- Some drivers leave contact information on a note. Others leave the scene without leaving a note.
- If the other driver left the scene without leaving contact information, then it’s considered a hit-and-run accident.
- In a hit-and-run accident, your insurer treats the other driver as an uninsured motorist. You can make a claim through your uninsured motorist coverage, and your insurer will cover the cost of repairing your vehicle to pre-loss condition.
- If the other driver remained at the scene or left contact information, then your insurer treats it as an ordinary collision where the at-fault driver pays for the other driver’s damages. In this situation, you make a claim through the other driver’s insurance company.
- If you live in one of 13 no-fault states, you always make a claim through your own insurance company regardless of fault. Even if the other driver hit and damaged your vehicle, you make a claim through your own insurance company.
Will My Insurance Go Up After a Parked Car Insurance Claim?
If you file a claim through your own insurance company after a parked car collision, then your insurance rates may increase – even though the incident was not your fault.
If you file a collision claim, for example, then your insurer should raise your rates.
However, if you like an uninsured motorist property damage claim, then your insurer may not raise rates. This is similar to any other hit-and-run insurance claim, and your insurer should not punish you.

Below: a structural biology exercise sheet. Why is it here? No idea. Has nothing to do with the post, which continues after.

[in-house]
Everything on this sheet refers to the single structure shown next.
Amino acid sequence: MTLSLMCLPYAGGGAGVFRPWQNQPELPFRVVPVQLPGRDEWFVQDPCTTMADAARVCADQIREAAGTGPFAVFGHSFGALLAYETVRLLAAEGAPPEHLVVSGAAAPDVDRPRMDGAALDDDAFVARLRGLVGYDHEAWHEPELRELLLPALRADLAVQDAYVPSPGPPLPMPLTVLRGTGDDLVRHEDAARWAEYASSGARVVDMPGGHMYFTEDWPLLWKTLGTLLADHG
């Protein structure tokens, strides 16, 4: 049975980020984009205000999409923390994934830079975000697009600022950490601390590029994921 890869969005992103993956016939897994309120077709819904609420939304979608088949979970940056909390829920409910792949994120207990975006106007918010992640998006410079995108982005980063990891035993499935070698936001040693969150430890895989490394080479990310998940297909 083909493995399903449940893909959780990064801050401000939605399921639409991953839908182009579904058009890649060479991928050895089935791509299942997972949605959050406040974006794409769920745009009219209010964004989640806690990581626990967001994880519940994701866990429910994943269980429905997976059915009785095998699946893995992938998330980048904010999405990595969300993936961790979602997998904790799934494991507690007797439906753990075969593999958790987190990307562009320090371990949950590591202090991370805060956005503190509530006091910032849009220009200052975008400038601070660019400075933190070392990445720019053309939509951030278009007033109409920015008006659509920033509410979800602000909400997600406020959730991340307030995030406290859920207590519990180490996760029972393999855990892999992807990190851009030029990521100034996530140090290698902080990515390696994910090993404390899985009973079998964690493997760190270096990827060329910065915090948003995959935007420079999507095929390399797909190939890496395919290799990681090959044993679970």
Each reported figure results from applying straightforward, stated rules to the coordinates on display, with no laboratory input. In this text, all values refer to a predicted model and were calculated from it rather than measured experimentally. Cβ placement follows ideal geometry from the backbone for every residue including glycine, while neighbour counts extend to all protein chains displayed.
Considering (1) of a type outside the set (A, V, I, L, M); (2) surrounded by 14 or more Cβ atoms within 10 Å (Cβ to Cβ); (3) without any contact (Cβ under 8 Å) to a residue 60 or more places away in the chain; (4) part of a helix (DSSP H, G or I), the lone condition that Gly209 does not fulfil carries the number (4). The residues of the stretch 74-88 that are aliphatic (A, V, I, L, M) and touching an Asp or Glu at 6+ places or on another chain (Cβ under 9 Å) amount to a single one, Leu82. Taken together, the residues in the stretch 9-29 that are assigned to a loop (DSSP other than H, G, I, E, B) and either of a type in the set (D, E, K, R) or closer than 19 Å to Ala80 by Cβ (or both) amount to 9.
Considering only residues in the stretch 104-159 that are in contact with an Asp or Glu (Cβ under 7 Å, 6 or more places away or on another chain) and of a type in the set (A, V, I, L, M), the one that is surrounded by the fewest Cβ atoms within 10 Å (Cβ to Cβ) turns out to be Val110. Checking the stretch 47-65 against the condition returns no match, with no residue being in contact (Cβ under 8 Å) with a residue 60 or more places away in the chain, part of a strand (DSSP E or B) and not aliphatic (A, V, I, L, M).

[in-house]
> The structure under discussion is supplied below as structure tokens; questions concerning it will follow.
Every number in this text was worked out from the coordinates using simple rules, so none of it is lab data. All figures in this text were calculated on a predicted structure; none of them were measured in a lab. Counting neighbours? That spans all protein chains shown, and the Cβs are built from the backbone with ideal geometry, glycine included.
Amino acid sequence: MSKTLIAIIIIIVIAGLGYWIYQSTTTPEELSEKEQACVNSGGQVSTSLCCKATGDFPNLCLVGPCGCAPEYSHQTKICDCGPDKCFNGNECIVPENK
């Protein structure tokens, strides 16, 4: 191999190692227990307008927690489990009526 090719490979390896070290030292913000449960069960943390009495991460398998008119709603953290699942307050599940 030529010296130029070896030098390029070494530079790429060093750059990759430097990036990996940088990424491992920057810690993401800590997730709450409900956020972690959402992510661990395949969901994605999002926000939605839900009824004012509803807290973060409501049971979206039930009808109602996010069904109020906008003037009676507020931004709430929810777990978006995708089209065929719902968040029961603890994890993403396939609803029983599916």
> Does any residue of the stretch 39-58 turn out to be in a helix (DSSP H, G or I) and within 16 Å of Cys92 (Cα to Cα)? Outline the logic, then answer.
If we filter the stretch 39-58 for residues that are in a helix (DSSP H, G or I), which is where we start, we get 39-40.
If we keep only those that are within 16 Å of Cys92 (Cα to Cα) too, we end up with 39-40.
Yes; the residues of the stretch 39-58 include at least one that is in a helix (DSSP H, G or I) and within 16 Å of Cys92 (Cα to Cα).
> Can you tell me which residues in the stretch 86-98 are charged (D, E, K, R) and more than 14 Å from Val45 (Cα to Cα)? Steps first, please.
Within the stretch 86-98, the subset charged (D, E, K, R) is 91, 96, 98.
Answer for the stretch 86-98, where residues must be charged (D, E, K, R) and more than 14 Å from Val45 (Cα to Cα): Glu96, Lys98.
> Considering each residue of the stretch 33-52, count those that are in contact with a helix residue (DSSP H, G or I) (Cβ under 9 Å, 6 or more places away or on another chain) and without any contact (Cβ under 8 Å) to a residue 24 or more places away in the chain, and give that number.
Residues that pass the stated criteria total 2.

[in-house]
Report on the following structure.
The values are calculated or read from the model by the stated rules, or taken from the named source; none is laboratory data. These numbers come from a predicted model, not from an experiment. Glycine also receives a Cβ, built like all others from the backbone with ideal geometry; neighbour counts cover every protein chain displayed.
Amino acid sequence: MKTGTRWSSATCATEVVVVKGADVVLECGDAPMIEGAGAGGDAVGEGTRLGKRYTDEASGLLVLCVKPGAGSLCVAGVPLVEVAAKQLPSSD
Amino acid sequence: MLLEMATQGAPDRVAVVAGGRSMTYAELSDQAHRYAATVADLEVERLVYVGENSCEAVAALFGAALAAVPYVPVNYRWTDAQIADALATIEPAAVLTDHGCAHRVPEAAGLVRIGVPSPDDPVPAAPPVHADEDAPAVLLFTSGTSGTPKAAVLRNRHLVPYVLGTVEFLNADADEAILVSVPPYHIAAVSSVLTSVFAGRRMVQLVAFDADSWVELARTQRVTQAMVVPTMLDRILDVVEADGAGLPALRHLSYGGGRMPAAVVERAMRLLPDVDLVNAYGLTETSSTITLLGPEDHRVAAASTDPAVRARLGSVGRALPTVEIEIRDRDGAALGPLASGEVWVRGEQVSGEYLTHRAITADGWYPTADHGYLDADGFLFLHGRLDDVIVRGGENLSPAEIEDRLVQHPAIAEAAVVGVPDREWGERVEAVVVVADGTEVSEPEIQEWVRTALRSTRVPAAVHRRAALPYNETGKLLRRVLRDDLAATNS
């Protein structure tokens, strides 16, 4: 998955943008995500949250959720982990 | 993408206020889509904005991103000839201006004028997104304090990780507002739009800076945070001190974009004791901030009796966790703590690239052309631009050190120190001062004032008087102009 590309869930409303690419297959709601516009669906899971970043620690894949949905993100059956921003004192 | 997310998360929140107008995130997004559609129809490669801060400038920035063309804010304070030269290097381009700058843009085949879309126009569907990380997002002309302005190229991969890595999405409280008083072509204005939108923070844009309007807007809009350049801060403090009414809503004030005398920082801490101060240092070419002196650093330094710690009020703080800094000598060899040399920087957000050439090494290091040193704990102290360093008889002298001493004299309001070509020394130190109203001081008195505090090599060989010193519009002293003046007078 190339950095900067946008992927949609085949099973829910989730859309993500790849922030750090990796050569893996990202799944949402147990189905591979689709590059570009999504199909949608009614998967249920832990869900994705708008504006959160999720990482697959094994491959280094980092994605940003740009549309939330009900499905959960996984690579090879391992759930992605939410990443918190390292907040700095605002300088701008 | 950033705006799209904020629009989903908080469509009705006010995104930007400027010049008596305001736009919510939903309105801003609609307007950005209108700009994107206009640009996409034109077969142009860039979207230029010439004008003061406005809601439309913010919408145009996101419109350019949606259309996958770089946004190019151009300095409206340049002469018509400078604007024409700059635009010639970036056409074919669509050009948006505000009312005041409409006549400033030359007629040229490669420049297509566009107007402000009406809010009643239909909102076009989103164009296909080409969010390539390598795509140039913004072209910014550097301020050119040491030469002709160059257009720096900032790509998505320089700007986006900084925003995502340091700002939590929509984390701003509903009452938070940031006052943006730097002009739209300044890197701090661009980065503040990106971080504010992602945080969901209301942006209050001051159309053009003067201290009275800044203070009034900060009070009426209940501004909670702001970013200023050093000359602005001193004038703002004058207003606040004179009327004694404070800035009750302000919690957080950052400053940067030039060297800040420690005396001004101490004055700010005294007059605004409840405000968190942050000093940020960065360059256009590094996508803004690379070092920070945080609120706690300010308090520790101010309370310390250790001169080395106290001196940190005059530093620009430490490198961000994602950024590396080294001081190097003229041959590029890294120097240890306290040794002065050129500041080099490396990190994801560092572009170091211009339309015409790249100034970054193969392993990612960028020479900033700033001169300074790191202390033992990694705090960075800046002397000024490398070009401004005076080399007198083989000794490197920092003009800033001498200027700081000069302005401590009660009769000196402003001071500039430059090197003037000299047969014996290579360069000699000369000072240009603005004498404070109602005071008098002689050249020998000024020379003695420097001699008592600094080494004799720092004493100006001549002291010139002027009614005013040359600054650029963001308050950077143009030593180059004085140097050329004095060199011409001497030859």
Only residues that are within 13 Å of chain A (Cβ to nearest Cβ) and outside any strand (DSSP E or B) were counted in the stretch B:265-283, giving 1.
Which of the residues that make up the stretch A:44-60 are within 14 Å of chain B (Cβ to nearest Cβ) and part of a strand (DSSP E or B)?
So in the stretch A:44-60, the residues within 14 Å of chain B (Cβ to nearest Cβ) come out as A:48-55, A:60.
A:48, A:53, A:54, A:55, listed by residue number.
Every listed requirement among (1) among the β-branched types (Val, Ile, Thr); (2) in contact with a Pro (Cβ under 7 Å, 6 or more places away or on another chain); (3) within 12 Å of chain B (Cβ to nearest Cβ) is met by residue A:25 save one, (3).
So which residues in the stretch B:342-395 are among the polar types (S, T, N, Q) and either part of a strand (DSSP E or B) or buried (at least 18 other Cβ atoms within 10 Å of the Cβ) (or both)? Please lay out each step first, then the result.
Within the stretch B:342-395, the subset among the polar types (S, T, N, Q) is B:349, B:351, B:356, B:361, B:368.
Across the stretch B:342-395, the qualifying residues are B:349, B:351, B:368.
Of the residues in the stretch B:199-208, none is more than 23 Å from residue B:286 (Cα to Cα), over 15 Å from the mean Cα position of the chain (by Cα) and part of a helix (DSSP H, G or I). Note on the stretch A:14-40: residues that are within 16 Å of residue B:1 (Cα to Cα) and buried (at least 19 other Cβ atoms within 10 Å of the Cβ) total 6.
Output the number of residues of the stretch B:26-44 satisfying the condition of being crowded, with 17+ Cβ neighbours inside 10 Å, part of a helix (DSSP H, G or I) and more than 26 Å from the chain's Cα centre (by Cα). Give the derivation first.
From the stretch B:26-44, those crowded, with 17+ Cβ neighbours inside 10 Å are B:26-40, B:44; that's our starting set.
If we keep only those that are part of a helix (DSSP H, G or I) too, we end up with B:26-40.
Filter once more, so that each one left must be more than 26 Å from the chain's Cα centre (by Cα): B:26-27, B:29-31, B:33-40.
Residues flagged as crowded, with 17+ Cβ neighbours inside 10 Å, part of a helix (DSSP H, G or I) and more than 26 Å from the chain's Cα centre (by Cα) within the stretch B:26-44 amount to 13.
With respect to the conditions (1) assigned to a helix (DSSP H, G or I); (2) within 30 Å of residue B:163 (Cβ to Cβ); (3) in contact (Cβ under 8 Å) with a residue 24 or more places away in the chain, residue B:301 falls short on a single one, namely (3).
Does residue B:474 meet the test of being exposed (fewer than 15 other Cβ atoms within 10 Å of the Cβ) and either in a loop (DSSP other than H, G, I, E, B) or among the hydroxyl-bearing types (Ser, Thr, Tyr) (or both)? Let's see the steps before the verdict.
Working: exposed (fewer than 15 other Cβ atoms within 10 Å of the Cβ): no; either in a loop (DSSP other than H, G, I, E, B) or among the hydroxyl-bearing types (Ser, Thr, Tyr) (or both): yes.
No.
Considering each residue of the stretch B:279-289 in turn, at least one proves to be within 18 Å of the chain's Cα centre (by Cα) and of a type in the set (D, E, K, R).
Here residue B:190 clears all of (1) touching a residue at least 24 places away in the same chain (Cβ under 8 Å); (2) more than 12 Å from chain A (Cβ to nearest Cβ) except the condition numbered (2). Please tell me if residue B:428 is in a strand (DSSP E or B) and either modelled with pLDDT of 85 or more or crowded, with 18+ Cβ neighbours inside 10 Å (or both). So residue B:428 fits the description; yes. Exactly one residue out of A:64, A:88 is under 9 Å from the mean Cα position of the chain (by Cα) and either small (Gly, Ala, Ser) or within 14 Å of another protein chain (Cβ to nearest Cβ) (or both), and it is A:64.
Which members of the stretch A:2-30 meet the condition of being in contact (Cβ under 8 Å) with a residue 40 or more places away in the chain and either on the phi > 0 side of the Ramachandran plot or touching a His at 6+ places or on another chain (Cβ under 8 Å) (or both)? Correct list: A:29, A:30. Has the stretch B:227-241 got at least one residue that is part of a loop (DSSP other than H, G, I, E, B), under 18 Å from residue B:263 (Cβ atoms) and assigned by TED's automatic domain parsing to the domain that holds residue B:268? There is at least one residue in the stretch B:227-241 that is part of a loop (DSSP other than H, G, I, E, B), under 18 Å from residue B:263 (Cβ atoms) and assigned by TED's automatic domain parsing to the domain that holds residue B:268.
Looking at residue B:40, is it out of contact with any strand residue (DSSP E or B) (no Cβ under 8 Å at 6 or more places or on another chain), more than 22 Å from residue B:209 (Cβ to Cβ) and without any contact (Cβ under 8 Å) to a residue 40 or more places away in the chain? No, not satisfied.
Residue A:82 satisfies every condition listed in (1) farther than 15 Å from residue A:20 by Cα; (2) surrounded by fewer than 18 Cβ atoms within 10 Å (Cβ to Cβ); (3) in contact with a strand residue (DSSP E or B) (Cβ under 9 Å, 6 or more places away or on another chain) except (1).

In some states, insurers raise rates after any claim, regardless of fault.
Y our insurer will tell you if rates will rise after a claim. Contact your insurer if you’re concerned about rising rates after a parked car collision.
Steps to Take After Hitting a Parked Car
If you are at the at-fault driver in a parked car collision, then you should take certain steps. While some drivers flee the scene after colliding with a parked car, you must legally remain at the scene of the accident. Fleeing the scene of an accident is a crime, and you could be charged with a hit-and-run.
Here’s what you need to know after hitting a parked car:
- Don’t leave the scene. It’s illegal to flee the scene of an accident, and you could be charged with a hit-and-run.
- Wait to see if the person returns to the car, then exchange insurance information – just like you would do in an ordinary collision.
- If the other person does not return to their vehicle, or if you need to leave, leave a note. Write your name, contact information, insurance company, and a brief explanation of the accident on the note.
- Call your insurer and notify them of the accident.
- The other driver should call your insurance company and begin the claim.
- If your vehicle is damaged, then you could make a claim through collision coverage. You pay your deductible, and your insurer covers all other damage to your vehicle.
Final Word – Somebody Hit Your Parked Car
If someone hits your parked car, then insurance may or may not cover the damages.
If you have collision coverage and uninsured motorist property damage coverage, then insurance should cover the cost of repairing or replacing your vehicle after the incident.
Contact your insurer to initiate your claim for a parked car collision today.